Let’s start with a puzzle. The UK job market is booming, with just under 29.5 million people on payrolls in January, the highest ever. The number of job vacancies is also at an all-time record, with 1.3 million unfilled posts. But self-employment is down. Indeed, compared with two years ago, the fall in self-employment has more than offset the rise in salaried employment, so that the total number of people in work is not quite back to its pre-pandemic peak.
Here’s another puzzle. The ranks of older workers – people over the age of 65 – had been rising steadily until the pandemic struck. Then, unsurprisingly, it fell sharply, and while it has recovered somewhat it is still well below its pre-pandemic level. The latest data from the ONS shows that two years ago 11.7 per cent of over-65s were in work – more than double the proportion from 20 years ago. But now it is only 10.7 per cent.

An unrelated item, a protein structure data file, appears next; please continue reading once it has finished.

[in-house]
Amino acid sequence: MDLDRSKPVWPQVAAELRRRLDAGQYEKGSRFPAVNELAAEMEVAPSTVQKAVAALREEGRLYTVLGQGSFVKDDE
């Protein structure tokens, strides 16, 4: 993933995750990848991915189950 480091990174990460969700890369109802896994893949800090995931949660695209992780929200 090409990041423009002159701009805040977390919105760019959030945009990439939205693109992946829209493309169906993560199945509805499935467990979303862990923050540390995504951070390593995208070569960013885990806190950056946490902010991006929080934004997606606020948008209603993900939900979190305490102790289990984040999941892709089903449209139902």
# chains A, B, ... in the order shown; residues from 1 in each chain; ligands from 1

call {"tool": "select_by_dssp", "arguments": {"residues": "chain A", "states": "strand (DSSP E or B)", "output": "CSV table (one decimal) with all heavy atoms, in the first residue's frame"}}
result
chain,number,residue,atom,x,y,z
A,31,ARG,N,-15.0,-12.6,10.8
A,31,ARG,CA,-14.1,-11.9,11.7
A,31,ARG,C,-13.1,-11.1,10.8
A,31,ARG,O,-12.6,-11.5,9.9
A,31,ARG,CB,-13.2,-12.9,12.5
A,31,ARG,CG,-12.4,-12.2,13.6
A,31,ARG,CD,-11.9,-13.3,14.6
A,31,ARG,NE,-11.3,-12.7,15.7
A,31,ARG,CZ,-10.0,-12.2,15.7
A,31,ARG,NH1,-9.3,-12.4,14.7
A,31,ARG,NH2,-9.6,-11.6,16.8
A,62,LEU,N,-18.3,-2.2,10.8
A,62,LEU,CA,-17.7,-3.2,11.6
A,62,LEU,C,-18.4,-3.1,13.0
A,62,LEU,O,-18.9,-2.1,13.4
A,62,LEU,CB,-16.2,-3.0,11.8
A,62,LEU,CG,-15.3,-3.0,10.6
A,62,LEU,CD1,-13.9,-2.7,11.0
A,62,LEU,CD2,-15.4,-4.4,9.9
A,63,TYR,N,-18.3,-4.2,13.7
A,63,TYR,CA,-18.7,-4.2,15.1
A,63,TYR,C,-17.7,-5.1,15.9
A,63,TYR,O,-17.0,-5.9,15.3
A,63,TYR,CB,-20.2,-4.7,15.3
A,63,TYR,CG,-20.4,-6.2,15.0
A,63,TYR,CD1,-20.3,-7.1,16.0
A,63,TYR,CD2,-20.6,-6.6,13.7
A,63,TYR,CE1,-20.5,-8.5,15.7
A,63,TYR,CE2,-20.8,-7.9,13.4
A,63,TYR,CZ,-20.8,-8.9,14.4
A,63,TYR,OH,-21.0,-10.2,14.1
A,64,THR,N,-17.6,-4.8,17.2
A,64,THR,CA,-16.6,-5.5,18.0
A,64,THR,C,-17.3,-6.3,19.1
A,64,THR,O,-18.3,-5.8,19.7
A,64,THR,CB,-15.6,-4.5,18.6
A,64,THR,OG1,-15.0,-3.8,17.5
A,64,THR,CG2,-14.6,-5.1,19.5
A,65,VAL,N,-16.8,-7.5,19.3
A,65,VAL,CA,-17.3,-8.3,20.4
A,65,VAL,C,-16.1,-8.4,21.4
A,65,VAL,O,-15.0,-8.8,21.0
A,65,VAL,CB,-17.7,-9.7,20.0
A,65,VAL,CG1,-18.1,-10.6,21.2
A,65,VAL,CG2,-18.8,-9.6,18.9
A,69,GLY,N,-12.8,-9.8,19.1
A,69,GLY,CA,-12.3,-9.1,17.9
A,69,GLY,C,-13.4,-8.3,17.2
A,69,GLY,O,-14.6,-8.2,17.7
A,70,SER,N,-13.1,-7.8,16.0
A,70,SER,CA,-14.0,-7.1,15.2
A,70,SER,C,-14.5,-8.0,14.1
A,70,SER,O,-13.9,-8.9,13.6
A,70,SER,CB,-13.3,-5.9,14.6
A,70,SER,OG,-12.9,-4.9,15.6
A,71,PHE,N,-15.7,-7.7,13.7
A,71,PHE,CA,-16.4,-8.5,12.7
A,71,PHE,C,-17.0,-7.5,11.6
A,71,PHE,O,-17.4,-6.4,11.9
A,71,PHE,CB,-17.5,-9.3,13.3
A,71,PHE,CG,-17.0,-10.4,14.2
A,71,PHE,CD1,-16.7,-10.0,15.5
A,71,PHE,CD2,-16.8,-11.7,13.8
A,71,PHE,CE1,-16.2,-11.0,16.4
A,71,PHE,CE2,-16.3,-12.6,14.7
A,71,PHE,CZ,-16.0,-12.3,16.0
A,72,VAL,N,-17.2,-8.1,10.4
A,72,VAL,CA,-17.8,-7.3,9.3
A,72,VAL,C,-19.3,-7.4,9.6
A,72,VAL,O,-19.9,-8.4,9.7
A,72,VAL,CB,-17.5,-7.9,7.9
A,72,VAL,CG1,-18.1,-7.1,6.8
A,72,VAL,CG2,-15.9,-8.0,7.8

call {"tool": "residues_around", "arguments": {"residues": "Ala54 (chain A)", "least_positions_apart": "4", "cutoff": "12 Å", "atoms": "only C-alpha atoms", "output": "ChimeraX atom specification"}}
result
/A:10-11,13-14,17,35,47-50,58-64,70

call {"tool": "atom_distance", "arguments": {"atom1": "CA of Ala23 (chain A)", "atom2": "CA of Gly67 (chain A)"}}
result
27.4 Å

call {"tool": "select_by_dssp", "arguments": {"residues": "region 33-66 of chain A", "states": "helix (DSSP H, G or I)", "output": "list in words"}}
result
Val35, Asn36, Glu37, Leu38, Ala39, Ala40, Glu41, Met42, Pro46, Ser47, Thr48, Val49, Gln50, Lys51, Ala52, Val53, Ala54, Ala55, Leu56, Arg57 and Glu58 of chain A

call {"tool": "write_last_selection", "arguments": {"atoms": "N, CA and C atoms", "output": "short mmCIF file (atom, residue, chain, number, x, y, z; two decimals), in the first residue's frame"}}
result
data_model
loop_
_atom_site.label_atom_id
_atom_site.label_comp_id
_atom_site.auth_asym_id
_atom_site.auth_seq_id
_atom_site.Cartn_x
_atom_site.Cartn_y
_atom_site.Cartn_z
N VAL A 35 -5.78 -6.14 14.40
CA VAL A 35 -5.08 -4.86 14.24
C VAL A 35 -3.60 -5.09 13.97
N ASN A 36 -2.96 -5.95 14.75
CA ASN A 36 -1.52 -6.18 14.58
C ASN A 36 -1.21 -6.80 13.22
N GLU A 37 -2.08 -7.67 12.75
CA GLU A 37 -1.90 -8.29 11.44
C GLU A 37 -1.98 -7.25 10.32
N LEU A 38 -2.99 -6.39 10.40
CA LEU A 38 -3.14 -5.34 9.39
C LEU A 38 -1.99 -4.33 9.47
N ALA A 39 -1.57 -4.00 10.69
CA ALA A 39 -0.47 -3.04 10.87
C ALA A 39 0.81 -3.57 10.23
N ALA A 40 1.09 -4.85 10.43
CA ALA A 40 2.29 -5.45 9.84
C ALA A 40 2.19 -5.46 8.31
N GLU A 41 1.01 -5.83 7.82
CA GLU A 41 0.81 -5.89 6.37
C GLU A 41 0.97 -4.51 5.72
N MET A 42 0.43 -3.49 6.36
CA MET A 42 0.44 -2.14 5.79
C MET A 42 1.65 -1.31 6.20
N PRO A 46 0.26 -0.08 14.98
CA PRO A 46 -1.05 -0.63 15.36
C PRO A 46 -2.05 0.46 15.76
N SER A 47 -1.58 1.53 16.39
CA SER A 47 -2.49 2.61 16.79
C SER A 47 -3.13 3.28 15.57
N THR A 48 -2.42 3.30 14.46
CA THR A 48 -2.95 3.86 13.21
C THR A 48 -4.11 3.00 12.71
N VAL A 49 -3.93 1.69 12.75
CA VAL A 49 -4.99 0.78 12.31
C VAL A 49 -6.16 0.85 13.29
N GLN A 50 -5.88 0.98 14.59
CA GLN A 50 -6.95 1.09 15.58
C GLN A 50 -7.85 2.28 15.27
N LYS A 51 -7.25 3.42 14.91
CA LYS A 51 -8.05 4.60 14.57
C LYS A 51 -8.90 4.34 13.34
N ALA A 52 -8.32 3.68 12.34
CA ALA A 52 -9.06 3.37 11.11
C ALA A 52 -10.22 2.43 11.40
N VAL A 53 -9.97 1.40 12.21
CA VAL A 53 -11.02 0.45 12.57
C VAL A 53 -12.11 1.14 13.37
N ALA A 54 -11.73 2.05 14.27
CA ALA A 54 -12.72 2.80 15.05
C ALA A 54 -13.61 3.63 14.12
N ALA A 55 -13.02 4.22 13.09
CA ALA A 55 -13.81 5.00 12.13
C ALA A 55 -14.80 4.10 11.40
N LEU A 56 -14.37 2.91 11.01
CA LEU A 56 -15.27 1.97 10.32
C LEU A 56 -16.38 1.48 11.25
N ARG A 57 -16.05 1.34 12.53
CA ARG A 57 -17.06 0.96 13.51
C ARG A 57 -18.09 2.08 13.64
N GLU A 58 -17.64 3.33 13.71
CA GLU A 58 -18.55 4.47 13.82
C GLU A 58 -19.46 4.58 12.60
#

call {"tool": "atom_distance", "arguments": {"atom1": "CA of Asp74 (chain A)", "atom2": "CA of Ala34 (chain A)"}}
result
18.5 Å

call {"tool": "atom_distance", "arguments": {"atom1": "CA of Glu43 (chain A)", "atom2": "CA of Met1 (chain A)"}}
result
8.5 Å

So, two groups of people – the self-employed and the elderly – you might expect would be sucked into work by this wall of demand for labour have not returned, or at least not in the numbers you might hope. It’s even more surprising when you consider that prior to the pandemic, numbers of both were rising fast. What’s up?
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